Why the moniker snakeweed? “There are two reasons for the name,” writes a local farmer. “One is the roots snake out far from the base. The other is a tincture of the root is a good antidote for snakebite, externally and internally. It works best on dogs.” That sent us to a botanical database, where we learned broom snakeweed contains some of the same chemical compounds found in Amazonian plants traditionally used to treat snakebite.

Snake Clipart“Another reason to call it snakeweed is that rattlesnakes use it for cover,” writes one reader. “The one that bit me was hiding in one.” Yikes!

Several Native American tribes have traditionally used snakeweed to treat respiratory infections and other ailments, and a local Placitan notes that, “One of the old Spanish remedios for hemorrhoids, documented in the late Judge Tibo Chavez’s book [New Mexican Folklore of the Rio Abajo], is smoke from a snakeweed plant.” Okay, we’ll keep that in mind.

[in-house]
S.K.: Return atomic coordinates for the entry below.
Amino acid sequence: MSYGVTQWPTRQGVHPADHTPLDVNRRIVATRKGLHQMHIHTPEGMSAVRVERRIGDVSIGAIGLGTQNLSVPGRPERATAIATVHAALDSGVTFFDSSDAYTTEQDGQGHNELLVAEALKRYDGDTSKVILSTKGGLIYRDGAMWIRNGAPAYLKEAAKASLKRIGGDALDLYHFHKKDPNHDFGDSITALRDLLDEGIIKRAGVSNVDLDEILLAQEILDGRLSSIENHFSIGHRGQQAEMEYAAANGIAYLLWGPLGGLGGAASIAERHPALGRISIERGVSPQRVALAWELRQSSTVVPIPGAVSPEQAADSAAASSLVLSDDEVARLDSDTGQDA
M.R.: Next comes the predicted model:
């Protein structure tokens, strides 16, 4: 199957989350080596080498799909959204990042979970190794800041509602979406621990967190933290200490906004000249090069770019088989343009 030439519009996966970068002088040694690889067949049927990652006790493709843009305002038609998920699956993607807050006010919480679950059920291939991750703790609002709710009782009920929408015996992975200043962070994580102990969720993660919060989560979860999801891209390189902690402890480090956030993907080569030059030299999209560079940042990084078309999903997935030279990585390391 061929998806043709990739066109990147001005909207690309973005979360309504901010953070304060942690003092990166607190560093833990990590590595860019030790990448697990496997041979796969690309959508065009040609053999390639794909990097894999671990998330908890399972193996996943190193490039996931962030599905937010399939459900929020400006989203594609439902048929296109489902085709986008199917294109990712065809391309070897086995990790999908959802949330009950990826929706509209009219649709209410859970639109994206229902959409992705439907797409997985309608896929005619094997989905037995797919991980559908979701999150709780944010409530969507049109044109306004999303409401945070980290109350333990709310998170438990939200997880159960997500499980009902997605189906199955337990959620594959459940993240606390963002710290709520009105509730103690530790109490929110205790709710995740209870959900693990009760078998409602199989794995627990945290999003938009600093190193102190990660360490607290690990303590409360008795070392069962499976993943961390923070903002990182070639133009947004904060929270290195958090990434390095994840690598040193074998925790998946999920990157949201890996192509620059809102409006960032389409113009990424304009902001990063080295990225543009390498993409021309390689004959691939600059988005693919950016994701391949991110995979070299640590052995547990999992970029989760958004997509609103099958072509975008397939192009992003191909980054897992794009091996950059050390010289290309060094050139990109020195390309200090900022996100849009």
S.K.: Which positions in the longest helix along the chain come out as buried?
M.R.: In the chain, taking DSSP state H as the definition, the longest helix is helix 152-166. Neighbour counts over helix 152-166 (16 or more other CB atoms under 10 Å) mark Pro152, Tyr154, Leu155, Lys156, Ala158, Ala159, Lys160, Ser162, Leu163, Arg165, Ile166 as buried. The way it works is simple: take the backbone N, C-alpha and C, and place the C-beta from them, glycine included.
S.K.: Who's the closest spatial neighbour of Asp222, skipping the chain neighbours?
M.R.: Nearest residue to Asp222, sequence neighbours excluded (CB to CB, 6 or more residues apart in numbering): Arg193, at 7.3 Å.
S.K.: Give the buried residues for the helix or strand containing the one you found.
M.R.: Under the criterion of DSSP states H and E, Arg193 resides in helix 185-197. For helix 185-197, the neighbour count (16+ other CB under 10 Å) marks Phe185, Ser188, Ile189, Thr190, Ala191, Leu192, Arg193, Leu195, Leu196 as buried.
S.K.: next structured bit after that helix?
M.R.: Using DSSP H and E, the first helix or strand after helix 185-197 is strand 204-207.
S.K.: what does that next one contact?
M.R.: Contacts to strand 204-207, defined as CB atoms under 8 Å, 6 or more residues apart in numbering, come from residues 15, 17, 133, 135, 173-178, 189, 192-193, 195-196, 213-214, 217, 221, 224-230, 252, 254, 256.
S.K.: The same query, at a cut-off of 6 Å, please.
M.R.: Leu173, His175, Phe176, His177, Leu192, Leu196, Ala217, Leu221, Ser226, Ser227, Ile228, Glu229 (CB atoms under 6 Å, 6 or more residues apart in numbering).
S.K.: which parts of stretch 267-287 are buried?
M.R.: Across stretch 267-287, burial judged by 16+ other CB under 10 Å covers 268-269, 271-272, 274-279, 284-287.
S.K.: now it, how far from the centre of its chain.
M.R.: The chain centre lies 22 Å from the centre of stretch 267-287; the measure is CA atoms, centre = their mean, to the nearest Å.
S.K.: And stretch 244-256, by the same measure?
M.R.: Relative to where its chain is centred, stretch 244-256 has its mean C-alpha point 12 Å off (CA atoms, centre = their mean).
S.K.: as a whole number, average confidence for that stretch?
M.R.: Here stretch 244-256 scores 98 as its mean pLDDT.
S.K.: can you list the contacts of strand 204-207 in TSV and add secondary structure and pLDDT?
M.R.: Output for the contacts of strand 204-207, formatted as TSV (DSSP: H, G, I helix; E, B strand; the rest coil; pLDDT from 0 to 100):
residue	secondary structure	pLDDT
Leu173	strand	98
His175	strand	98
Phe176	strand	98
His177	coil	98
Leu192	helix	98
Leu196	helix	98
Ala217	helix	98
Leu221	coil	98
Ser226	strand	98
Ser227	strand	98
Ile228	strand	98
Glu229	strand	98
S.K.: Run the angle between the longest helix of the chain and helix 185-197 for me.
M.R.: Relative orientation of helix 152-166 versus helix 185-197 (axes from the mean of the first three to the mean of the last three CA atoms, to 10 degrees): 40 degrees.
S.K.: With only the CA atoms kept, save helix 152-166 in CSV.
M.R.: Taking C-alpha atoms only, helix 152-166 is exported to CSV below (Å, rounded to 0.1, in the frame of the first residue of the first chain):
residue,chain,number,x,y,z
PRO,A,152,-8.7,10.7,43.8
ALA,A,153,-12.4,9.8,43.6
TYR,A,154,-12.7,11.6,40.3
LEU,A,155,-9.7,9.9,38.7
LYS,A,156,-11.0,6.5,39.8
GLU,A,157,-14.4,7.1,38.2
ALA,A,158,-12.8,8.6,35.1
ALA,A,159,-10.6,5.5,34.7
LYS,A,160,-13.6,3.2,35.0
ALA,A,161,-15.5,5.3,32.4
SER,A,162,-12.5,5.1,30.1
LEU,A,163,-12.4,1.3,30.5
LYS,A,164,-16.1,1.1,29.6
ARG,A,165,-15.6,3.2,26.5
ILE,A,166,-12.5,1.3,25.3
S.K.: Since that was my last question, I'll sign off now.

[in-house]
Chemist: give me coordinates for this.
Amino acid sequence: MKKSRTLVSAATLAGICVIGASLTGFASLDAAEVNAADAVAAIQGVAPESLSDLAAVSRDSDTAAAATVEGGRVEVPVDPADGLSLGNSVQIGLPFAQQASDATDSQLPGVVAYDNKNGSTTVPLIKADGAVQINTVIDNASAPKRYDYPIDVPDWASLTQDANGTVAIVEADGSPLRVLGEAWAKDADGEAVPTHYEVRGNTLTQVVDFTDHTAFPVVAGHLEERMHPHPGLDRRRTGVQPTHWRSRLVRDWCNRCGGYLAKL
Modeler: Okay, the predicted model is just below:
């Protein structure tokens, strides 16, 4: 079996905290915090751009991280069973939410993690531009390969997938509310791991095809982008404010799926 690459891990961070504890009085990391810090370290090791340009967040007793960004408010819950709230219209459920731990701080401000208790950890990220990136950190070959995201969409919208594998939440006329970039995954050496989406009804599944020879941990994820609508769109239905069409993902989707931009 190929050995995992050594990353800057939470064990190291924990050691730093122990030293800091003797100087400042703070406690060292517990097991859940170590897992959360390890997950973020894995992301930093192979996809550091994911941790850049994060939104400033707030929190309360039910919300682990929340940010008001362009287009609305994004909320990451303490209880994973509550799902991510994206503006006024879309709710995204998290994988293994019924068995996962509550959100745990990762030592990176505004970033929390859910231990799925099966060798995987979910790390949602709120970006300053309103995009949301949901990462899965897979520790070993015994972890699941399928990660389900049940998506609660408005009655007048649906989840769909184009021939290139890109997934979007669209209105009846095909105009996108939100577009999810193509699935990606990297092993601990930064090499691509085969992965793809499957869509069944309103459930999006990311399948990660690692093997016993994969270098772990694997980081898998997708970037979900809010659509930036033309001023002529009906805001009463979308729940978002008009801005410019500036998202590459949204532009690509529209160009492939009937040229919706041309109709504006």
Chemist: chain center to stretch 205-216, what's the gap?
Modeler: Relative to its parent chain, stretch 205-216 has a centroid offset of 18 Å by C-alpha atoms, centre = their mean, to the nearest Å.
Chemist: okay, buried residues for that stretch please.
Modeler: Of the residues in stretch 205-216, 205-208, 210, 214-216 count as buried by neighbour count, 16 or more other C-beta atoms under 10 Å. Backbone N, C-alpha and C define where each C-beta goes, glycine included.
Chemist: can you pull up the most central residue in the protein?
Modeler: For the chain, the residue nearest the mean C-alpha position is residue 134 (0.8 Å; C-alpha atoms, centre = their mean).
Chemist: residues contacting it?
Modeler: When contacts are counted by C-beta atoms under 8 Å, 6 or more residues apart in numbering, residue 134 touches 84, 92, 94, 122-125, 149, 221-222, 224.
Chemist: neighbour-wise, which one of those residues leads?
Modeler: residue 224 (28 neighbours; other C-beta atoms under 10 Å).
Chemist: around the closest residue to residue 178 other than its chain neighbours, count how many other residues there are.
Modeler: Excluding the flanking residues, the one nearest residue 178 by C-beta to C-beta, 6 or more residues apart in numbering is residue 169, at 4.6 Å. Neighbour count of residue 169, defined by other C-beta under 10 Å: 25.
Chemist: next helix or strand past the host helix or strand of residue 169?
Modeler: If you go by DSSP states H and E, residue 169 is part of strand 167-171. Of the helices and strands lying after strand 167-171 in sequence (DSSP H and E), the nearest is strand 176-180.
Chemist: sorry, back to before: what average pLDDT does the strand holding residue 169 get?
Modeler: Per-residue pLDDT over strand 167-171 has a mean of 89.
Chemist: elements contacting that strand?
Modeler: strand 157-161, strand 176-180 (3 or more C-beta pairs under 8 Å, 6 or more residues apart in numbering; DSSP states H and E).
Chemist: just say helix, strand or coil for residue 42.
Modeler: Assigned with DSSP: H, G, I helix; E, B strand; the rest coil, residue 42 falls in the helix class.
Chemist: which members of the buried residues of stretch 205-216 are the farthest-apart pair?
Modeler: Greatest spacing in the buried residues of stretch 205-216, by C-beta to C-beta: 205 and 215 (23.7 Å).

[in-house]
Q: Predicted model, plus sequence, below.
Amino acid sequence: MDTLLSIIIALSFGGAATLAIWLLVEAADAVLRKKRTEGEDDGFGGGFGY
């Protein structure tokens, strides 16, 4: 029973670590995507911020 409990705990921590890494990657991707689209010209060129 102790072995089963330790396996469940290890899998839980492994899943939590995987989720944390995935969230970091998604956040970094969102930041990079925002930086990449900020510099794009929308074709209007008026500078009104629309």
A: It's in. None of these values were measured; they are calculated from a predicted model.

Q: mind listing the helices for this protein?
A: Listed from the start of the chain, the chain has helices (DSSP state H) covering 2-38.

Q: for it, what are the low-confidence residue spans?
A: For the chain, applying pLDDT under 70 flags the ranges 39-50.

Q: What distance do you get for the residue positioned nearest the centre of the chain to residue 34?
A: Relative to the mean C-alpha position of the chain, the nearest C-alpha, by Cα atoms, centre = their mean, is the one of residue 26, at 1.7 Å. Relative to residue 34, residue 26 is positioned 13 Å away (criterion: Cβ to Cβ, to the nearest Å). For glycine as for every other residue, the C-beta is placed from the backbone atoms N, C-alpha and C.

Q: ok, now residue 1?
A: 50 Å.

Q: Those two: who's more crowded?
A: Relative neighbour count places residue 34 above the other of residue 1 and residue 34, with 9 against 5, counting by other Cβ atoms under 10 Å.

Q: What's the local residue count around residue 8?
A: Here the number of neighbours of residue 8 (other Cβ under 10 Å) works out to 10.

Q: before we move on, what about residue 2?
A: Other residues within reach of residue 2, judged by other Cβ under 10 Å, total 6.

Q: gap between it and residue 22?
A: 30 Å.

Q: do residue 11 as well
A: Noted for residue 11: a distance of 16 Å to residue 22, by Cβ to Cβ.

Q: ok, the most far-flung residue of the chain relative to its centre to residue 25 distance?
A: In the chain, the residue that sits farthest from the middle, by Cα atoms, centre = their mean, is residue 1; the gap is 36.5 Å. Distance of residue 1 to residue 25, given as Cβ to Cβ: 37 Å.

And let’s not overlook perhaps the plant’s most practical use: a bundle of dried broom snakeweed stems is just the thing for sweeping out one’s dusty casita, a never-ending task in this beautiful land of wind and sand.

On the road. Again.

WHOA, Nellie!

Rumor has it that pro-horse folks are busily herding, transporting, and relocating dozens of feral horses around the Placitas area in a shell game designed to keep them from being legally impounded by the BLM or private landowners (the BLM issued a notice this summer that they would be impounding horses on the Placitas BLM tract). Since apparently none of these relocation activities have been reported to the NM Livestock Board, as required, the horse advocates once again show their disdain for the law.

After several months of having relatively horse-free roads and subdivisions, several readers report there are suddenly a lot of horses wandering around. Is this coincidence, or are horses gathered from the BLM tract being released into Placitas subdivisions because PAR corrals and hay are in short supply? Perhaps these are just hungry horses that can’t find enough forage in the severely overgrazed hills. This video was shot this morning on my way to work. In the few minutes I watched, this horse was almost hit by three vehicles as it looked for grass along the roadside. Until the situation is resolved, be careful on the roads—horse-vehicle collisions can be deadly for both horse and driver.